After the Spencer meeting, Jon [Zaff], Jim [Youniss], and Dan [Hart] exchanged a whole set of substantive emails about the definition and measurement of "civic identity." Meanwhile, Meira [Levinson] and I were talking about the definition and limits of "civic engagement." Since we were all at the same meeting, I thought I might try to summarize some of these two conversations and bring them together.
Jon originally proposed a CARE model of identity = "Commitment to civic action, Agency (including collective agency), Responsibility, and Emotional connection (to a community, to a set of individuals/group, to the country/the world, and/or to a given issue)." That provoked a lot of comments that I hesitate to summarize at the risk of misrepresenting people. But here are some framing questions that seem worth discussion:
Is "civic identity" ... ?
a. A psychological factor that makes civic action more likely--hence detectable empirically from surveys about civic actions.
b. Something more like a self-concept, so that you can conclude that people have a civic identity if they say that they do.
c. A chimera. (All that really counts are values and actions.)
a. Likely to cluster as one factor or construct in empirical studies of young Americans.
b. Conceptually one thing, even if it doesn't happen to cluster empirically.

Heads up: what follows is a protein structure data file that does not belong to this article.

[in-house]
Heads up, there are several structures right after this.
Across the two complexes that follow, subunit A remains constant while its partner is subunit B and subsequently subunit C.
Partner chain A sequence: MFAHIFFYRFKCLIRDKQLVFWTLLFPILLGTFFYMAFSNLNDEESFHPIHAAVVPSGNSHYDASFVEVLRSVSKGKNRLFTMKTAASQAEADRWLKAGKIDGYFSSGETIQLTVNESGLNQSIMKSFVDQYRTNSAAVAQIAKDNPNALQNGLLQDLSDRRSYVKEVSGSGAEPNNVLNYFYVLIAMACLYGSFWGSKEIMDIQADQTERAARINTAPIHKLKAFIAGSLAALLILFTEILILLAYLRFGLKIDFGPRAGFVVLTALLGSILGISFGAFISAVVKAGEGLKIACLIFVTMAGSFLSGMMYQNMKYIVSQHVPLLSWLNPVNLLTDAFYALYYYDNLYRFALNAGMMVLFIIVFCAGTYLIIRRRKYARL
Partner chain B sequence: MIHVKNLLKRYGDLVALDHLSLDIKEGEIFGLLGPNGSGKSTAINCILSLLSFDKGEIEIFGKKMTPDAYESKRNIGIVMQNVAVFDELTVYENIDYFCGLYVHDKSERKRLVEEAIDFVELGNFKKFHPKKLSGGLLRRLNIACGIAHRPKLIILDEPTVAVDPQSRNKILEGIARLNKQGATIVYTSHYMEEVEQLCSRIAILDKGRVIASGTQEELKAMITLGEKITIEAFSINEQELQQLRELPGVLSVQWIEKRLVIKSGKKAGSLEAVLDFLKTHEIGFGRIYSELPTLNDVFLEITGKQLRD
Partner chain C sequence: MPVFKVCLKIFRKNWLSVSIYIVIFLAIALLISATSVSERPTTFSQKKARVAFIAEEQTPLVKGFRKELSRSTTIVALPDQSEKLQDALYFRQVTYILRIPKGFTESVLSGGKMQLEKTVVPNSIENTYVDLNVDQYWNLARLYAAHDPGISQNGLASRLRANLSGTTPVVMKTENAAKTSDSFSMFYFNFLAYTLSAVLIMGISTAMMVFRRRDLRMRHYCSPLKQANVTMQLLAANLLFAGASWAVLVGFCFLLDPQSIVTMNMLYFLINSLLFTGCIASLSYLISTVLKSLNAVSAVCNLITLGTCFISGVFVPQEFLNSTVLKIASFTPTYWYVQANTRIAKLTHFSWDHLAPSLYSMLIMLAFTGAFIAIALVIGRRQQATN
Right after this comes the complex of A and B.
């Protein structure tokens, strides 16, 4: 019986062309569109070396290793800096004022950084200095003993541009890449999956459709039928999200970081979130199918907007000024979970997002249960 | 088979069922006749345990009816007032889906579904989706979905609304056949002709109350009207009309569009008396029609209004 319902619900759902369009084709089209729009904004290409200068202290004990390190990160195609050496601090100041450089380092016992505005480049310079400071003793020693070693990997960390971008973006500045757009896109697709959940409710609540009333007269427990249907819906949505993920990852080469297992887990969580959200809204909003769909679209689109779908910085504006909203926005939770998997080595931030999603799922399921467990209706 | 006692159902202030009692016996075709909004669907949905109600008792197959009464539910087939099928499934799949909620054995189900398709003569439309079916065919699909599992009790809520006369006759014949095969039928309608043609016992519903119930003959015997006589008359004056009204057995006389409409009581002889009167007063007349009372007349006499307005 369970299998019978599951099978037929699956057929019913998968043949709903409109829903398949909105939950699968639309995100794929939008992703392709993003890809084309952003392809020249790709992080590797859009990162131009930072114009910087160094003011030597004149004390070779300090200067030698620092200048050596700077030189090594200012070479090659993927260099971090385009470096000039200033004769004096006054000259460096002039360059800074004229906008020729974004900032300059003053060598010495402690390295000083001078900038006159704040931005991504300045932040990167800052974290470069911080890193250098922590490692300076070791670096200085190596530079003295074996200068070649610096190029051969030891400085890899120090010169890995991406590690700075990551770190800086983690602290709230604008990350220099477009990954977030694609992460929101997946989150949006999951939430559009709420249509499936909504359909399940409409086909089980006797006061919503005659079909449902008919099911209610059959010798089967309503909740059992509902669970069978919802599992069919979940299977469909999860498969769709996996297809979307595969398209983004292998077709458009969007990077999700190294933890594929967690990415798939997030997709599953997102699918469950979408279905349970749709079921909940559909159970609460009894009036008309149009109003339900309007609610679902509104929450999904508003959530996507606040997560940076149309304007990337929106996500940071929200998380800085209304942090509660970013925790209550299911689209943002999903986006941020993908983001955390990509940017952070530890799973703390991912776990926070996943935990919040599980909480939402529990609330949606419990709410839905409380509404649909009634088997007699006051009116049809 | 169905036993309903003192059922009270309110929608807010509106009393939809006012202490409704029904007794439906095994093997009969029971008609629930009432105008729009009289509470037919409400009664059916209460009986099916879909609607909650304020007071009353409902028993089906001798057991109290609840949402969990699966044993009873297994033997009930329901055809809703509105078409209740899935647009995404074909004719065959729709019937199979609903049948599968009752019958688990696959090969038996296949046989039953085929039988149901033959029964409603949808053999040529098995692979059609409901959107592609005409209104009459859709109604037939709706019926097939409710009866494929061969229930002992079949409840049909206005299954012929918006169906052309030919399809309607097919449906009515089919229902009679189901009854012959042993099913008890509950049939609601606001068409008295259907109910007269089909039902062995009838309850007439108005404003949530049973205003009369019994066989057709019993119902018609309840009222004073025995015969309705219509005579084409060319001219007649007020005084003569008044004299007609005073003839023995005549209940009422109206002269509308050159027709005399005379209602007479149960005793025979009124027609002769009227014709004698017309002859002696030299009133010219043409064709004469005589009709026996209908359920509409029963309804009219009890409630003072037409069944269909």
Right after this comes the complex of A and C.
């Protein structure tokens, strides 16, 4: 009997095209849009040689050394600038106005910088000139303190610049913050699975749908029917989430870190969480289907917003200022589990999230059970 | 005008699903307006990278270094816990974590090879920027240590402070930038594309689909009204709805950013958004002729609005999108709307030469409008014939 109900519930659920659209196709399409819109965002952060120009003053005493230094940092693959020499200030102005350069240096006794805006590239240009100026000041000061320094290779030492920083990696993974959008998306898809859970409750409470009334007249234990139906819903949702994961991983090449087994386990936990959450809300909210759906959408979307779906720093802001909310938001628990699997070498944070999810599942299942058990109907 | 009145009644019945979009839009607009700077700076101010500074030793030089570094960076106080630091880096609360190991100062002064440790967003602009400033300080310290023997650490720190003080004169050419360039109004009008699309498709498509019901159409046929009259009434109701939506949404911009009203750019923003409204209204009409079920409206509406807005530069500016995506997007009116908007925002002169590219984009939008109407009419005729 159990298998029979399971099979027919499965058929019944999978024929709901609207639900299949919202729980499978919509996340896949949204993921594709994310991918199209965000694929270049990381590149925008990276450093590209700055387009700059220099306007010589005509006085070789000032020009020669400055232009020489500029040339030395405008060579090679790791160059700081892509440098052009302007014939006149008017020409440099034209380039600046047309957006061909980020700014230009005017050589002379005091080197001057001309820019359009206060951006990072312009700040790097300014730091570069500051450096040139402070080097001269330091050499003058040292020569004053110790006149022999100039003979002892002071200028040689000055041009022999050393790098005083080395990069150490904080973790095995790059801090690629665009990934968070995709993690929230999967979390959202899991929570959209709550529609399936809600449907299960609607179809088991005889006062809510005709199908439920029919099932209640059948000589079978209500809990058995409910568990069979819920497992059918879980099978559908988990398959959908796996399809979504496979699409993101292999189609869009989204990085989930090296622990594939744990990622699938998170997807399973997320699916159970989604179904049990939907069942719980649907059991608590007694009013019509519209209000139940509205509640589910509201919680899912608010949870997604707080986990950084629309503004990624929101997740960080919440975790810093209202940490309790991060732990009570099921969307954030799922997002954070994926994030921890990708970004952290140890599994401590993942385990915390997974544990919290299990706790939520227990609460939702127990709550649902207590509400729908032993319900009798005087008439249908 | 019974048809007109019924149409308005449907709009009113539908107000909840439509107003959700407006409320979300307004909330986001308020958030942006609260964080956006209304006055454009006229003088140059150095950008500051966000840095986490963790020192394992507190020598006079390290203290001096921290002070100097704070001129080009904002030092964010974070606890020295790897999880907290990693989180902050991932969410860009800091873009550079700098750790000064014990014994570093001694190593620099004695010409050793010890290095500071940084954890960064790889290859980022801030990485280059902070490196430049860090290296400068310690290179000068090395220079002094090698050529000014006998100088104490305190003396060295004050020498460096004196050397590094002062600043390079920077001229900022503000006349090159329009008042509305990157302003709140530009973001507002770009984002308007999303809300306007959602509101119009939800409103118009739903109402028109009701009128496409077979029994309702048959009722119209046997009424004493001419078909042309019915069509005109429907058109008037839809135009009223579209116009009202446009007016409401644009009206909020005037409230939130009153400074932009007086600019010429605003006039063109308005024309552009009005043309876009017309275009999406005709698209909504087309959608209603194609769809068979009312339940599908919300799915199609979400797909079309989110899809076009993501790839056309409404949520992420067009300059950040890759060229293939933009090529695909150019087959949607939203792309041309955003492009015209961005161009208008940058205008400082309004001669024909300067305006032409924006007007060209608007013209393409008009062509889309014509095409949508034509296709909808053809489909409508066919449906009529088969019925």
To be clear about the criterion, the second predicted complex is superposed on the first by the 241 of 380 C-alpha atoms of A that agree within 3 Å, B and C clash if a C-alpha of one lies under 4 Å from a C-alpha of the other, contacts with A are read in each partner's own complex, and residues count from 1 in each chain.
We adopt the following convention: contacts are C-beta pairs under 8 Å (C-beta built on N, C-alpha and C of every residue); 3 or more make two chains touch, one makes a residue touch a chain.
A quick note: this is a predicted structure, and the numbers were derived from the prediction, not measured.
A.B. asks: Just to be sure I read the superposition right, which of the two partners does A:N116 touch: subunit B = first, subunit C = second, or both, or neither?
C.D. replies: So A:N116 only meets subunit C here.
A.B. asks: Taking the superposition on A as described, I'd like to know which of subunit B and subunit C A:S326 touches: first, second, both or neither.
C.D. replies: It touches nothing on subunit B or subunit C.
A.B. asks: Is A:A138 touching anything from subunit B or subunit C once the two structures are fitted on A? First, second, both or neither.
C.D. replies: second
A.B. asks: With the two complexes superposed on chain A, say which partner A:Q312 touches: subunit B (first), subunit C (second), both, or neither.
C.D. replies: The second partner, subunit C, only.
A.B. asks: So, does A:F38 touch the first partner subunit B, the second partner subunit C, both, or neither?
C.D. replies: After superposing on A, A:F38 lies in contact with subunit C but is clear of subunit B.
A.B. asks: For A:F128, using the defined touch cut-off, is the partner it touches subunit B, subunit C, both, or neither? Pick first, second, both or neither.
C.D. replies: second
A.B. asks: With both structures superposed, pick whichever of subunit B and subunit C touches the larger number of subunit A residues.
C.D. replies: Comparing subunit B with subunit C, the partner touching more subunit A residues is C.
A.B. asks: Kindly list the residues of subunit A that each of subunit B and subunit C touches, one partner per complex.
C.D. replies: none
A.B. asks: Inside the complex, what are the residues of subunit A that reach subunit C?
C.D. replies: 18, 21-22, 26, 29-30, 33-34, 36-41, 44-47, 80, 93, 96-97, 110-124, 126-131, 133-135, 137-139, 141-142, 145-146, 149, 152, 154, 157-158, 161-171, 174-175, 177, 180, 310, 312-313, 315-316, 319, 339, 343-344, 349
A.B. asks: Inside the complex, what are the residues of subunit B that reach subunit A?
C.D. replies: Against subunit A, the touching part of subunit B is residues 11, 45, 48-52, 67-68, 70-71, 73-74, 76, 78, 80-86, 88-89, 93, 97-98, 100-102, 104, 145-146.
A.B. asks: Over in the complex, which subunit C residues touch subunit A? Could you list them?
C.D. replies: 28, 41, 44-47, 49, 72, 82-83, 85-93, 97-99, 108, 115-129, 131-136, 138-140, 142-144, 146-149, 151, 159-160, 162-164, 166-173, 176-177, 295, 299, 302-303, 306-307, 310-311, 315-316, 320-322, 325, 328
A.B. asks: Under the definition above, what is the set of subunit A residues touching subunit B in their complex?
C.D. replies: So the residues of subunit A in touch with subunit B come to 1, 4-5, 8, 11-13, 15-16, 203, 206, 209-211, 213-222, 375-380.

c. Conceptually several different things that may even be in conflict. (For instance, a gadfly-like critical identity might rarely coexist with a helping/caring disposition.)
a. Good, so that we would like as many people to have it as possible.
b. One good thing, but it trades off against other good things (e.g., artistic creativity), so that we would prefer that only some people have it.
c. Good because of its outcomes, e.g., political influence, so that we should be most concerned about the equal distribution of a civic identity across the population.
d. Morally neutral, because a fascist would have a "civic identity" if he was heavily engaged in and committed to politics.
e. A choice, and it isn't our business whether people have it or not, although they should have opportunities to develop it if they want.
a. Context-independent, so that it is possible to define it at some high level of generality in a way that is appropriate in both Princeton and Camden, NJ in 2009 and in Poland in 1944.
b. Highly context-dependent, so that it really cannot be defined in very general terms.
a. Separate from an ethical identity or a political identity, because it refers to certain specific kinds of behaviors and attitudes.
b. Basically a different word for an ethical or political identity.
I think I have my own views on some of this, but I'm actually more interested in the dimensions of possible disagreement.